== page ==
One or more intermediate network devices are often used to couple LANs together and allow the corresponding entities to exchange information. For example, a bridge may be used to provide a “bridging” function between two or more LANs. Alternatively, a switch may be utilized to provide a “switching” function for transferring information, such as data frames or packets, among entities of a computer network. Typically, the switch is a computer having a plurality of ports that couple the switch to several LANs and to other switches. The switching function includes receiving data frames at a source port and transferring them to at least one destination port for receipt by another entity. Switches may operate at various levels of the communication stack. For example, a switch may operate at Layer 2 which, in the OSI Reference Model, is called the data link layer, and includes the Logical Link Control (LLC) and Media Access Control (MAC) sub-layers.
Other intermediate devices, commonly known as routers, may operate at higher communication layers, such as Layer 3, which in TCP/IP networks corresponds to the Internet Protocol (IP) layer. IP data packets include a corresponding header which contains an IP source address and an IP destination address. Routers or Layer 3 switches may re-assemble or convert received data frames from one LAN standard (e.g., Ethernet) to another (e.g., Token Ring). Thus, Layer 3 devices are often used to interconnect dissimilar subnetworks. Some Layer 3 intermediate network devices may also examine the transport layer headers of received messages to identify the corresponding TCP or UDP port numbers being utilized by the corresponding network entities. Many applications are assigned specific, fixed TCP and/or UDP port numbers in accordance with Request For Comments (RFC) 1700. For example, TCP/UDP port number 80 corresponds to the Hypertext Transport Protocol (HTTP), while port number 21 corresponds to File Transfer Protocol (FTP) service.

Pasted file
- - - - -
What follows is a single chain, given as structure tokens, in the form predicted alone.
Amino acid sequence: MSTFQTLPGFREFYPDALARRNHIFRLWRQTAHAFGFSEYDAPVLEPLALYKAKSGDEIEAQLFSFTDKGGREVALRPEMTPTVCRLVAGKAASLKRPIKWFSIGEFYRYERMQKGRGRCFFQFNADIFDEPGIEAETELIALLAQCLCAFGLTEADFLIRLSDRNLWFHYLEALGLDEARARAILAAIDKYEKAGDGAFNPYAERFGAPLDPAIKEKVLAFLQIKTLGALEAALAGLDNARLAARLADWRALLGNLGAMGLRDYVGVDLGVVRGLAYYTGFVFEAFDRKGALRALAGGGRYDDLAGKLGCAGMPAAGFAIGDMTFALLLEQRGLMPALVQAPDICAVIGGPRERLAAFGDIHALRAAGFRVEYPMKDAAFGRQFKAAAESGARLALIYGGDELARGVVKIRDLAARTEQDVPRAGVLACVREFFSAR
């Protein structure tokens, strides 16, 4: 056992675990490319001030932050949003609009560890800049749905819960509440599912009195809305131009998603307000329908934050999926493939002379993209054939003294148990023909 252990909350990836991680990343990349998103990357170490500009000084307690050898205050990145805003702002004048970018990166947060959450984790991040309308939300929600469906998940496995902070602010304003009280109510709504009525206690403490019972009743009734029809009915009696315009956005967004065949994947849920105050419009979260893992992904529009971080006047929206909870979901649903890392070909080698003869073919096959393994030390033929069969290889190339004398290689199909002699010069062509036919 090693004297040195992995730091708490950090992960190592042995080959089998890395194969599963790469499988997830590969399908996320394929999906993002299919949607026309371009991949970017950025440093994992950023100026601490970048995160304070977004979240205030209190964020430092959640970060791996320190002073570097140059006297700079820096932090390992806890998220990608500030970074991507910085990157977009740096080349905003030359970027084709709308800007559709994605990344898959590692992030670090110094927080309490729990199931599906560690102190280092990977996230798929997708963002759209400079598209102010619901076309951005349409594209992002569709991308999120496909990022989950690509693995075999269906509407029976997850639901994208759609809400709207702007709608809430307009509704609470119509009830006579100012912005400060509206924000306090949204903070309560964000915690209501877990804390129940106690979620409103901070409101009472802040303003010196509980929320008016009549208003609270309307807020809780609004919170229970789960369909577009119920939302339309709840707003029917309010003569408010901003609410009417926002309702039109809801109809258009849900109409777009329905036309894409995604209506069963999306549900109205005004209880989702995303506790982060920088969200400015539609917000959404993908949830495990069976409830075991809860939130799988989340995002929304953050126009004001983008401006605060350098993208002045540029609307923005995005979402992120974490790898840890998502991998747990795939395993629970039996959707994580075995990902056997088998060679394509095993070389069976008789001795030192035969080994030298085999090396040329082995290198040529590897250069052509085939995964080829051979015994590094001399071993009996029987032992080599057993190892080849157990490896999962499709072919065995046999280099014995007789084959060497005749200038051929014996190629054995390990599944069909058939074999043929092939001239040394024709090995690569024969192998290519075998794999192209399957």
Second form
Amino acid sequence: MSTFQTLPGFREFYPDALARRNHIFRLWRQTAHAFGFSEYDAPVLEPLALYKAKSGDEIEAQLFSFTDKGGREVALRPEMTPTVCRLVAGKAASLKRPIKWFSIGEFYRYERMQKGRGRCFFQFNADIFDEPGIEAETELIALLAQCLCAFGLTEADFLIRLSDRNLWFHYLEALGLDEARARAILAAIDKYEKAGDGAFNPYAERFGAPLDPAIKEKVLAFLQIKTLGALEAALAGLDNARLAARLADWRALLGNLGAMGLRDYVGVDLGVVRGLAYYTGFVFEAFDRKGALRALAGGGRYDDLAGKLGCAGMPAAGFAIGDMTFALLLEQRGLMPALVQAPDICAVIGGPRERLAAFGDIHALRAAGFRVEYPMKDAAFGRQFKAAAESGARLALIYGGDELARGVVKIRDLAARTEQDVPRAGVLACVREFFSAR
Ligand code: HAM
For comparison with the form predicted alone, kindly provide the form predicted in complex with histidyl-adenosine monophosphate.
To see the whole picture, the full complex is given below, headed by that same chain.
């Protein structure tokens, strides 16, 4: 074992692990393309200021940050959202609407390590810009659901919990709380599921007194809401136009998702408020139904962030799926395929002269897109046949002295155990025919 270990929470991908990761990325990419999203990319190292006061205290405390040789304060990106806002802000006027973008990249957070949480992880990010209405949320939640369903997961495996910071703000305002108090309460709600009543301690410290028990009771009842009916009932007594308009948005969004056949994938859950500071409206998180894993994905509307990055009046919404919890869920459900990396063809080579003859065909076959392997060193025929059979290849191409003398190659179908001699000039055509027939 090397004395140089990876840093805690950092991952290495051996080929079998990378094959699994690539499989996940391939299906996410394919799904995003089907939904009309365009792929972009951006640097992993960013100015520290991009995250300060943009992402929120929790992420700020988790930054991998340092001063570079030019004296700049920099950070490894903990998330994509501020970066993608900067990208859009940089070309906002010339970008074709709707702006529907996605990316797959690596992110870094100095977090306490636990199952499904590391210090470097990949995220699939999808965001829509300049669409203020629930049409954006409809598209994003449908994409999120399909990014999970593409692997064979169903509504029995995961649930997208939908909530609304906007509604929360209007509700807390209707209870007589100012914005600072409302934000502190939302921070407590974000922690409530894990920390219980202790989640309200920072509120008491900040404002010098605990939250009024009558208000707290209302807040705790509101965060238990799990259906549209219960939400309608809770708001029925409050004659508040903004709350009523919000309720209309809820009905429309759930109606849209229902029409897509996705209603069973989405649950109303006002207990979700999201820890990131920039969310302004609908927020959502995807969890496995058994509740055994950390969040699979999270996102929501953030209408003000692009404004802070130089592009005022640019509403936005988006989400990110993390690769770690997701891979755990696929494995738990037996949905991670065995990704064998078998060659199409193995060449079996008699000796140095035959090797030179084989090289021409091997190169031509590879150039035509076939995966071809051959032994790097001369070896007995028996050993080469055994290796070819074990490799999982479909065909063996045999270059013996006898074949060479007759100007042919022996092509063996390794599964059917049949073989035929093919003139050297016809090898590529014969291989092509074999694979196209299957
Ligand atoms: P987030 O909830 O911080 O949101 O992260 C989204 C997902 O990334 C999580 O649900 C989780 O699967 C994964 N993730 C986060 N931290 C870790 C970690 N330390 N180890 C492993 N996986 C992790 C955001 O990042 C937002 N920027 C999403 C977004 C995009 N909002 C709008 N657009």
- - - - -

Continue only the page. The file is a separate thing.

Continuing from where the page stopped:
Computer networks include numerous services and resources for use in moving traffic throughout the network. For example, different network links, such as Fast Ethernet, Asynchronous Transfer Mode (ATM) channels, network tunnels, satellite links, etc., offer unique speed and bandwidth capabilities. Particular intermediate devices also include specific resources or services, such as number of priority queues, filter settings, availability of different queue selection strategies, congestion control algorithms, etc.
Individual frames or packets can be marked so that intermediate devices may treat them in a predetermined manner. For example, the Institute of Electrical and Electronics Engineers (IEEE) describes additional information for the MAC header of Data Link Layer frames in Appendix 802.1p to the 802.1D bridge standard.
FIG. 1A is a partial block diagram of a Data Link frame 100 that includes a MAC destination address (DA) field 102, a MAC source address (SA) field 104 and a data field 106. According to the 802.1Q standard, a user_priority field 108, among others, is inserted after the MAC SA field 104. The user_priority field 108 may be loaded with a predetermined value (e.g., 0-7) that is associated with a particular treatment, such as background, best effort, excellent effort, etc. Network devices, upon examining the user_priority field 108 of received Data Link frames 100, apply the corresponding treatment to the frames. For example, an intermediate device may have a plurality of transmission priority queues per port, and may assign frames to different queues of a destination port on the basis of the frame's user priority value.